Maple Sugaring

From the Audubon Society of Rhode Island

Did you know your maple syrup comes from a tree?  To be specific, it comes from a Sugar Maple tree.  Now is the time of year to check out how the sap from a tree is transformed into that sweet syrup you put on your pancakes.

Audubon-Maple-SugaringWhen the nights are below freezing and the days are mild, usually by late February or early March, the sap begins to flow through the trees and it’s time to “sugar.”

The process involves “tapping” a tree, or drilling a small hole into the tree. If sugaring is being done the old-fashioned way with buckets, a metal spile is then tapped into the hole and the buckets are hung from it. The more modern method connects tubing to plastic spouts, which carries sap to a single, larger storage tank. If done correctly, tapping will not damage a healthy tree, which can provide up to ten gallons of sap per tap hole, every season, for over a century.

It takes about ten gallons of sap to produce one quart of maple syrup, but this is a fraction of a tree’s sap production. Maple syrup and maple sugar are made by concentrating (boiling down) the sweet sap – which has a natural sugar content.

It may surprise you to learn that maple sugaring was originally a Native American custom, later adopted by the colonists. How the Native Americans discovered maple sugar is not exactly known, but an Iroquois legend has it that someone tasted an icicle hanging from a broken maple branch, and the rest is history, as they say.

For the Native Americans that did sugaring, it was a festive event. As soon as the sap began to flow, families would gather at a “sugar bush,” or maple grove. A diagonal slash would be cut in the bark of the lower part of a tree trunk. A tube, usually a hollowed-out sumac stem, was inserted in the lower end of the cut. Sap flowing from the tree was collected in small wooden containers. The sap was then transferred into a much larger wooden or bark container, and white-hot rocks heated in an open fire were dropped in to boil off the water. The process was repeated, eventually producing a granulated sugar. Besides sugar maples, the native peoples sometimes tapped red maples, black or yellow birches, silver maples, wild cherries, or even box elders. Modern sugarhouses may also tap into other species such a Norway and red maples, each with their own distinct flavor.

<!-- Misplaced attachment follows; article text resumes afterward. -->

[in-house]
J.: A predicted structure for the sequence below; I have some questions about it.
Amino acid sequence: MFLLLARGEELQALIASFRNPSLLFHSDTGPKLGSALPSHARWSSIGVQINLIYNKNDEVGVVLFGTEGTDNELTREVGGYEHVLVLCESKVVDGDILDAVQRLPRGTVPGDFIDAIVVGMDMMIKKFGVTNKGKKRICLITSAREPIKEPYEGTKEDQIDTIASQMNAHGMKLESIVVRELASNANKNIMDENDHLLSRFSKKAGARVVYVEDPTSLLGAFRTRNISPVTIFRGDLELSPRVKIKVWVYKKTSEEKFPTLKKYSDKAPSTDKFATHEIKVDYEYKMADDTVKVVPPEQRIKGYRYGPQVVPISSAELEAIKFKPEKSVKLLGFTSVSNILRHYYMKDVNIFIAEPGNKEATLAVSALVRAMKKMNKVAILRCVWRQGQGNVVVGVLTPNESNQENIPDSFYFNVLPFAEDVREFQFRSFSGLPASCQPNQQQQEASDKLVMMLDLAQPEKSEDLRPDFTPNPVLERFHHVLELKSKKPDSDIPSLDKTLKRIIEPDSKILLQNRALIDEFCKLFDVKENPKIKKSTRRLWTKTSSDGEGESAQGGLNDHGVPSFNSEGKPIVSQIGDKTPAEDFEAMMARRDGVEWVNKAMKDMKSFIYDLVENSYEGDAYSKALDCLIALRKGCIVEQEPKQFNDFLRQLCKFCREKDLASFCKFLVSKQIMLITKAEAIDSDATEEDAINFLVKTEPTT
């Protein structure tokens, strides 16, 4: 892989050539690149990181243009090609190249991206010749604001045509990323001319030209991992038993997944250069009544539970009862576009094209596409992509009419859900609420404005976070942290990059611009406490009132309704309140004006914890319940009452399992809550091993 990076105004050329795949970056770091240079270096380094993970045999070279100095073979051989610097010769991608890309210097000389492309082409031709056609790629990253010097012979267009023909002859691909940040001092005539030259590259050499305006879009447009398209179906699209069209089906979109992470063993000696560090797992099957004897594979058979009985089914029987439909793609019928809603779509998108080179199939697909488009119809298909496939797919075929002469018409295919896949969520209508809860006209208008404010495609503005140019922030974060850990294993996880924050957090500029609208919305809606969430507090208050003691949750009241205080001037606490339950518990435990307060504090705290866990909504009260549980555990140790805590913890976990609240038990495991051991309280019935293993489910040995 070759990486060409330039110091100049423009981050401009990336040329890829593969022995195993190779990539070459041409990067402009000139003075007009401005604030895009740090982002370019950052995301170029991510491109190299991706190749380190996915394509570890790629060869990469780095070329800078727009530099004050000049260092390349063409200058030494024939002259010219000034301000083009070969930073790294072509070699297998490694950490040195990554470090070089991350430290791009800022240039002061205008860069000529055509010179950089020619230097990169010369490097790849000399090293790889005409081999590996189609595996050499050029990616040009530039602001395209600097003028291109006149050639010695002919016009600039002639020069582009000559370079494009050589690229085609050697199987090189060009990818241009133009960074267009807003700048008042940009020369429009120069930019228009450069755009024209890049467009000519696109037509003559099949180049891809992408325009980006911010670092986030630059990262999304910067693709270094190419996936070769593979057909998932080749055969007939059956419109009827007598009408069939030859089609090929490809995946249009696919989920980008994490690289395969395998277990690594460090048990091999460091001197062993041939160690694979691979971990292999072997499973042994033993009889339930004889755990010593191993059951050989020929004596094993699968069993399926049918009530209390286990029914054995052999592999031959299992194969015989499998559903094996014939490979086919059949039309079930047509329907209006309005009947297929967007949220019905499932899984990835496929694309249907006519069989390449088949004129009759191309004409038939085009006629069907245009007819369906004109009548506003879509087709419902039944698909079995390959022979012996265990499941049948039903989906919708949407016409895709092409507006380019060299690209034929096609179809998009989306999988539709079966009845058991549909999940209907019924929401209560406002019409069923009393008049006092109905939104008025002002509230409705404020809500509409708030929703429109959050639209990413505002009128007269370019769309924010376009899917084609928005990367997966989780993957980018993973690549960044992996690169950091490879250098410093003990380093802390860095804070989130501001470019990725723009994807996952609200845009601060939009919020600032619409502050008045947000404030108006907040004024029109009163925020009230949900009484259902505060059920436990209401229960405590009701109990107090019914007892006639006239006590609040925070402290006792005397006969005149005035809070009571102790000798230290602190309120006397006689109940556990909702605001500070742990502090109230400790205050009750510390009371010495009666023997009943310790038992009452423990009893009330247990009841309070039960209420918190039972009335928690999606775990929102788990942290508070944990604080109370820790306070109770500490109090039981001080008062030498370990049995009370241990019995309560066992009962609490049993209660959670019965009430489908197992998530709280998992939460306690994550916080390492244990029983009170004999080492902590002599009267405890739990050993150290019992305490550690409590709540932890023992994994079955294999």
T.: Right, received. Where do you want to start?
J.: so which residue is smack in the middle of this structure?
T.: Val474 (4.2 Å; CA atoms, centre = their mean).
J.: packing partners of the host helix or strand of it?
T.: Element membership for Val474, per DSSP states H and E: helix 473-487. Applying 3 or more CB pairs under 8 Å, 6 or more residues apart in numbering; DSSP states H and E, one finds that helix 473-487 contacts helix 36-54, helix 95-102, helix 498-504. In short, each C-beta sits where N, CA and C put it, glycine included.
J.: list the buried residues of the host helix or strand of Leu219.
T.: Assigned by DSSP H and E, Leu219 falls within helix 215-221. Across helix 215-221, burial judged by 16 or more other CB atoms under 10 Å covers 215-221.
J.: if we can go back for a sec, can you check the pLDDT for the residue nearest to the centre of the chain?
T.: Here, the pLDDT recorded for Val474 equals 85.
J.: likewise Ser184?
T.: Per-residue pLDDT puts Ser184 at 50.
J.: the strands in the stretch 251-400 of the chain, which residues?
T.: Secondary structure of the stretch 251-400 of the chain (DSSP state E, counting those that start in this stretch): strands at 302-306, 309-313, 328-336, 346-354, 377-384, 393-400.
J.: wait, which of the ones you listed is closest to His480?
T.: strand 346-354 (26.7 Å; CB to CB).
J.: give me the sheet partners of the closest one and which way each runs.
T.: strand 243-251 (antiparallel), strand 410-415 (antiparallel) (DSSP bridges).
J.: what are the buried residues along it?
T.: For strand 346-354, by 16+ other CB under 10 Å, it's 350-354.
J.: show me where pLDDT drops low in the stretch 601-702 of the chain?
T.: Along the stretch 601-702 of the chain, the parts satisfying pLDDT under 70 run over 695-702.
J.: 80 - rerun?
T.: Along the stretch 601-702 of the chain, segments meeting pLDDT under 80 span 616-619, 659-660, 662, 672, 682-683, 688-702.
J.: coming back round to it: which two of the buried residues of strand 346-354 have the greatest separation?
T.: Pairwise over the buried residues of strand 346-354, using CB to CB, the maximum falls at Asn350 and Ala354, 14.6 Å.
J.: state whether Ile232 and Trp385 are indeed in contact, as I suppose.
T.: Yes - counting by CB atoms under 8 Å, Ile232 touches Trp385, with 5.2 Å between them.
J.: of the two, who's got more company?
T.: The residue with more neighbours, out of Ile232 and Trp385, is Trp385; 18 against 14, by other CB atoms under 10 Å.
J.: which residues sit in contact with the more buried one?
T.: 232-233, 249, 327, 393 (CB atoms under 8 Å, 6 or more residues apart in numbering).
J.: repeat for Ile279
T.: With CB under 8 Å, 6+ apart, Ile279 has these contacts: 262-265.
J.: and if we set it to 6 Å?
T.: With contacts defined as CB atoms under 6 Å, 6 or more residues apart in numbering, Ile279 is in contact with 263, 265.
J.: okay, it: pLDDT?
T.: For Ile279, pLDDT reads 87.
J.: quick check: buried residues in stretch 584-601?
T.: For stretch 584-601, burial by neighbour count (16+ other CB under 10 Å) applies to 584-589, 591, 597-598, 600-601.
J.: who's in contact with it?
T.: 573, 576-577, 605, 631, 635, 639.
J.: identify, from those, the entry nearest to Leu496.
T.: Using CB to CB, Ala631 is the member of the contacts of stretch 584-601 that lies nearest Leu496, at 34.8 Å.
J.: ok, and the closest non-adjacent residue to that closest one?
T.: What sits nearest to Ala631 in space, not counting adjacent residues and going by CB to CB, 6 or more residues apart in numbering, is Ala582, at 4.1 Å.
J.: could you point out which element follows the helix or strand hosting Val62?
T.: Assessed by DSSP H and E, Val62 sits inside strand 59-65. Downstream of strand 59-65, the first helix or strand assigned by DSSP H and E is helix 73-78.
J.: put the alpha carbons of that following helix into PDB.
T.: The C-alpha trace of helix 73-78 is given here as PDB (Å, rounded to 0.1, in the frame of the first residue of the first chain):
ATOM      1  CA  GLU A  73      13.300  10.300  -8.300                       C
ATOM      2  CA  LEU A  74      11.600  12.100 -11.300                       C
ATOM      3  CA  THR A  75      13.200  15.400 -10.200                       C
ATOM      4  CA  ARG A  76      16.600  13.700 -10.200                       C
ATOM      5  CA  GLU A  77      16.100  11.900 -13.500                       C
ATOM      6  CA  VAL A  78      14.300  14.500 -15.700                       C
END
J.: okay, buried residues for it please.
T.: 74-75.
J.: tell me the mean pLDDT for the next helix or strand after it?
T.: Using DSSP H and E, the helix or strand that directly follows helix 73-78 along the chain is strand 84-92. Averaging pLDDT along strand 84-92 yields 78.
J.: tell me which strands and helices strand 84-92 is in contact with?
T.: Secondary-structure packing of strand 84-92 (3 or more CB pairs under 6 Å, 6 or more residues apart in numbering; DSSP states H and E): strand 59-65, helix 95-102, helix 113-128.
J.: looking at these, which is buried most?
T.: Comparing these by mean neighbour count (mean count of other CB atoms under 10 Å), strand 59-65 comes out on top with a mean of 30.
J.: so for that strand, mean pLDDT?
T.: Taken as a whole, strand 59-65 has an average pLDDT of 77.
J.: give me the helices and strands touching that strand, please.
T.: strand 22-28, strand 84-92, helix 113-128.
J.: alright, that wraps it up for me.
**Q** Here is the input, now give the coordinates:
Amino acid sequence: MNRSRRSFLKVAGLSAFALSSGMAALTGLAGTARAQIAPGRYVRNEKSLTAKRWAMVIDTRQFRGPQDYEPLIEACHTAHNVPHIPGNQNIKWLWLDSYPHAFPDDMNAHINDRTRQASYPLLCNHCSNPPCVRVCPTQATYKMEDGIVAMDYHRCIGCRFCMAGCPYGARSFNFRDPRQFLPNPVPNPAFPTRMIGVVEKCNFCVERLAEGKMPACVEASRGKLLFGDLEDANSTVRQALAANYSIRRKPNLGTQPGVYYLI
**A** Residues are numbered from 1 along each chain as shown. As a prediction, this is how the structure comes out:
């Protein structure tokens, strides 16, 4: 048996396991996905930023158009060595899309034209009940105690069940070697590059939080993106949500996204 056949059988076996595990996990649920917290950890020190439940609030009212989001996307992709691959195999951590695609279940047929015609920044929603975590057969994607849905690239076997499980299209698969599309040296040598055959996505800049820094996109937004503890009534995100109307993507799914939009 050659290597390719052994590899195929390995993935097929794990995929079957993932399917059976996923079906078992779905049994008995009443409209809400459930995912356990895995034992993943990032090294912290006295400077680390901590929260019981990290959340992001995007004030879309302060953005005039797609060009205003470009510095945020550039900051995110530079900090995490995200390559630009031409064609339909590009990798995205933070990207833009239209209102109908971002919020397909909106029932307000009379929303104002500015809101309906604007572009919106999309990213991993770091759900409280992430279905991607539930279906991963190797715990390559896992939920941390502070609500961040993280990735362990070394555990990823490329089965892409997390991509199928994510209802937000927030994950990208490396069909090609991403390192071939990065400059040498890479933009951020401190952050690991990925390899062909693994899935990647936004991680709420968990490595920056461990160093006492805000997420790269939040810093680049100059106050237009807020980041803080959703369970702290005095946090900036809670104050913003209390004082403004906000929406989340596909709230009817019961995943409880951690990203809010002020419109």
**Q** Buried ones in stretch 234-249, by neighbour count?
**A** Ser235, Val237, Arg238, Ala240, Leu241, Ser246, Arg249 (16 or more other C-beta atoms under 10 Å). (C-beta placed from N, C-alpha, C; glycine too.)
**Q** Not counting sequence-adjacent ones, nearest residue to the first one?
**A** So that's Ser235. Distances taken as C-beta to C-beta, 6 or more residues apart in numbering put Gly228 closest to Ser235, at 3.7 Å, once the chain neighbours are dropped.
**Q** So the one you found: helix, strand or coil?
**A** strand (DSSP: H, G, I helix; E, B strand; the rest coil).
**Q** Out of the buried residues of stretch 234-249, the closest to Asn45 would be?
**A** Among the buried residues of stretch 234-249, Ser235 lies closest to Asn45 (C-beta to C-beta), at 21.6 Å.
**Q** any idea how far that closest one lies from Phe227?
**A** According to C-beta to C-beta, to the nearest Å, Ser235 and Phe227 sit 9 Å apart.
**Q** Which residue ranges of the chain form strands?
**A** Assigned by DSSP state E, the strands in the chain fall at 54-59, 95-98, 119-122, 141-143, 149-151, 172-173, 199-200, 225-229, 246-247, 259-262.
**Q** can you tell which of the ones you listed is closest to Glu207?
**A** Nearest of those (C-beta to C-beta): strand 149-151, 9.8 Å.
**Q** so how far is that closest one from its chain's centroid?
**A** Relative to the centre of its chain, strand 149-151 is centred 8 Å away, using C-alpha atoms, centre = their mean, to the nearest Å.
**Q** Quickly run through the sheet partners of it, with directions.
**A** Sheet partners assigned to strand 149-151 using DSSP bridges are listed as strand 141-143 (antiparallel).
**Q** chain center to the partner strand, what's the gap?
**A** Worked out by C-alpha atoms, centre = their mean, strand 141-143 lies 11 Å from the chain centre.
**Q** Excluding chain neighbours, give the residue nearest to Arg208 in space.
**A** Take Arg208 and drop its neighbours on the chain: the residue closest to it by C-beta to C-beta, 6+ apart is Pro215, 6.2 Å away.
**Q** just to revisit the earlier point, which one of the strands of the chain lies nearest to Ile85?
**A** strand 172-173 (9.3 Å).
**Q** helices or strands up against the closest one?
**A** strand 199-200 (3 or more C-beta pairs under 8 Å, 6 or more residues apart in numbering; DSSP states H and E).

Experience this sweet tradition for yourself…

On March 13, 2010, step back in time at the Audubon Parker Woodland Wildlife Refuge and experience the tradition of maple sugaring. Learn more about the history of this sweet syrup and how to sugar in your own backyard. Participants taste first hand this delectable treat as they sample pancakes, muffins and doughnuts – all with fresh maple syrup. Register early, as space is limited.  For more information and to register, call (401) 949-5454 x0.  This program is appropriate for children ages 6 and up.

Situated on a 28-acre wildlife refuge in Bristol, Rhode Island, Audubon’s Environmental Education Center is open year-round and provides walking trails, nature programs, and exhibits for the whole family to discover.  For more information and a complete calendar of events, visit www.asri.org or call (401) 245-7500.

Photo provided by Audubon’s Environmental Education Center

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Category: kids, local ri area, nature/science, places to go, preschool, seasonal, tweens


Audubon Society of Rhode Island

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Senior Director of Education Audubon Environmental Education Center

Comments (2)

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  1. Farm-made maple syrup is the BEST!!! A great option for northern RIers is Chepachet Farms, in Chepachet, RI. They have a small maple syrup operation. While you’re there, pick up their Maple Vinigrette dressing (it’s good, I swear!). Also at the farm, lots of small animals for the kids, including two beautiful horses. It makes for a nice road trip… Call ahead to make sure they are open…Here’s the link to their website:
    http://www.chepachetfarms.com/

  2. Cathy Saunders says:

    Visiting the sugar shack and checking sap buckets was one of my favorite activities as a child and as an educator. Such a sense of wonder and mystery! Yet the process is so simple and easy to understand, providing foundations for understanding stewardship, cultural history and scientific methods. Thanks for reminding us that this is the season!

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